Instrumental Access 2016

University of Ghana: Department of Biomedical Engineering

  • UGhana students

    Level 300 students in the Department of Biomedical Engineering at the University of Ghana in a practical session

  • University of Ghana's Dr. Kweku Kyeremeh, Dr. Elvis Tiburu, Dr. Elsie Effah Kaufmann, Dr. Lucas Nana Wiredu Damoah, and Mr. Ezekiel Acquaah

    University of Ghana’s Dr. Kweku Kyeremeh, Dr. Elvis Tiburu, Dr. Elsie Effah Kaufmann, Dr. Lucas Nana Wiredu Damoah, and Mr. Ezekiel Acquaah

  • University of Ghana students

    University of Ghana students in the Department of Biomedical Engineering program a microcontroller for biological sensors

  • Classroom at the University of Ghana

    Classroom at the University of Ghana

  • School of Engineering Sciences

    School of Engineering Sciences at the University of Ghana

  • College of Basic and Applied Sciences

    The University of Ghana’s College of Basic and Applied Sciences

Meet the Department

The University of Ghana is the the oldest and largest of Ghana’s public universities. The Department of Biomedical Engineering was the first department of its kind to be established in Ghana and one of the first on the African continent. Its primary focus is training engineers to address the country’s healthcare challenges. The department provides teaching and practical services to all of the other departments across the university, including medicine, biochemistry, physics, and botany. It is based in the College of Basic and Applied Sciences, whose mission is to develop world-class scientists and engineers to meet national and global developmental needs through quality teaching, learning, research, innovation, and extension.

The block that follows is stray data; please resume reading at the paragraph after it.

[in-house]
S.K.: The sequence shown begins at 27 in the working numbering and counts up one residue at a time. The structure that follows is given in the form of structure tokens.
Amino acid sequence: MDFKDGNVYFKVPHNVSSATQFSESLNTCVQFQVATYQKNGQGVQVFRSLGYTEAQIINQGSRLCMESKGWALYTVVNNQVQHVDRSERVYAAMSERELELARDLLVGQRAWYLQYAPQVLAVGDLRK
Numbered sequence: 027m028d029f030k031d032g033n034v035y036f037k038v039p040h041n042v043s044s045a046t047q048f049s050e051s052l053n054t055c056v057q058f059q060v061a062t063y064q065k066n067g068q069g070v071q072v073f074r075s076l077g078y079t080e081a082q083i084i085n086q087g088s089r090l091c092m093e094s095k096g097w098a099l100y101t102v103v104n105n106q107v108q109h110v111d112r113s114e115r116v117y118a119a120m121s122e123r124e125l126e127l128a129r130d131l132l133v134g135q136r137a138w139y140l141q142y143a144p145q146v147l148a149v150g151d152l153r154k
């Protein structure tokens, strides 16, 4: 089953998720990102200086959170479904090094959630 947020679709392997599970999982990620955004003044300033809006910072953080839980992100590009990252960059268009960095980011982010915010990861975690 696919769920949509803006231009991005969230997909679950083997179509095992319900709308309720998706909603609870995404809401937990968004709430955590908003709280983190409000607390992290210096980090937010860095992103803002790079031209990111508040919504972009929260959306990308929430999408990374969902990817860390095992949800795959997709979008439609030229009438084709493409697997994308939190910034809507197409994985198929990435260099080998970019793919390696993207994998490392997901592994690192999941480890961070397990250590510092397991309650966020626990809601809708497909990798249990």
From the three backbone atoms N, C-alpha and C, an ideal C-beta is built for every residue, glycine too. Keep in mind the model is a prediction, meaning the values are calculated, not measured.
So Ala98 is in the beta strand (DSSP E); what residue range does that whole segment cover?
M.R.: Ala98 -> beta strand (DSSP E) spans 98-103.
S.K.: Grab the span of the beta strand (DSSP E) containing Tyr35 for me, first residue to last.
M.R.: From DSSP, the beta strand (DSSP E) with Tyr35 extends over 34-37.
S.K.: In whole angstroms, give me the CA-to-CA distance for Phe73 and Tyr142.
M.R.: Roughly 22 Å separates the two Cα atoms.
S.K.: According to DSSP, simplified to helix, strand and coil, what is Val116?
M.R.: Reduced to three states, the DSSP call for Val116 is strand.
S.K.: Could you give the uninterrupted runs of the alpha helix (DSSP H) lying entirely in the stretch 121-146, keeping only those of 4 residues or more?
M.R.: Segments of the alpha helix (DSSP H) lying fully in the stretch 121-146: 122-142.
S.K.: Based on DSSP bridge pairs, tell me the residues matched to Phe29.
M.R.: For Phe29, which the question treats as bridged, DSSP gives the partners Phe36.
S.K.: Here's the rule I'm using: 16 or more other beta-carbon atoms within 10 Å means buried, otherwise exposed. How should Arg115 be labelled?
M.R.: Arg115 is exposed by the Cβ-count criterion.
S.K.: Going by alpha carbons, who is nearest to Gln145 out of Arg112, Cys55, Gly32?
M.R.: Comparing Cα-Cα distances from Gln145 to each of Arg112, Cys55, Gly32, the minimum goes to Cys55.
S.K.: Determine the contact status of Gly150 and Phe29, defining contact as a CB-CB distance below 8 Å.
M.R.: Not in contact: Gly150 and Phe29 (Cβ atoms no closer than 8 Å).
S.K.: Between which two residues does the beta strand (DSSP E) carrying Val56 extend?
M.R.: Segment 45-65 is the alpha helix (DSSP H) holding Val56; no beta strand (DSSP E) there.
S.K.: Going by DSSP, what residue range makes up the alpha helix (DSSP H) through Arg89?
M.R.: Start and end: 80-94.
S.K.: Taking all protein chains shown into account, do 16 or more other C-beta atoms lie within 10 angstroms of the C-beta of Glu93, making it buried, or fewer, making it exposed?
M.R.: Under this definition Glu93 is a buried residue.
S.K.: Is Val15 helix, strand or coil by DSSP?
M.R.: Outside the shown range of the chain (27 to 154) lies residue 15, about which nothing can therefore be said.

Engineering Practical Healthcare Solutions: Dr. Elsie Effah Kaufmann

Elsie Effa KaufmannDr. Elsie Effah Kaufmann is a senior lecturer and head of the Department of Biomedical Engineering at the University of Ghana with an expertise in biomaterials, tissue engineering, and engineering design. She is currently working with students and colleagues to identify and address local problems in healthcare.

“As the problems are local and extremely practical, any solutions have immediate and direct impact on the operation of our healthcare facilities or individuals who have been affected,” Dr. Kaufmann says.

One such project she leads is examining methods to reduce maternal mortality through the study, design, and implementation of simple, affordable devices for use in maternity wards at Ghanaian hospitals.

The Department of Biomedical Engineering’s focus on addressing local problems has attracted attention from US universities with global health programs interested in partnering, Dr. Kaufmann reports. Student interest has been great as well; the department began a graduate program in biomedical engineering in 2014.

“We have had to keep enrollment very low in spite of the great demand for these programs due to the lack of research facilities and faculty,” Dr. Kaufmann says. “Over the next few years, we intend to build capacity to strengthen these graduate programs.”

Dr. Kaufmann holds a PhD in bioengineering from the University of Pennsylvania.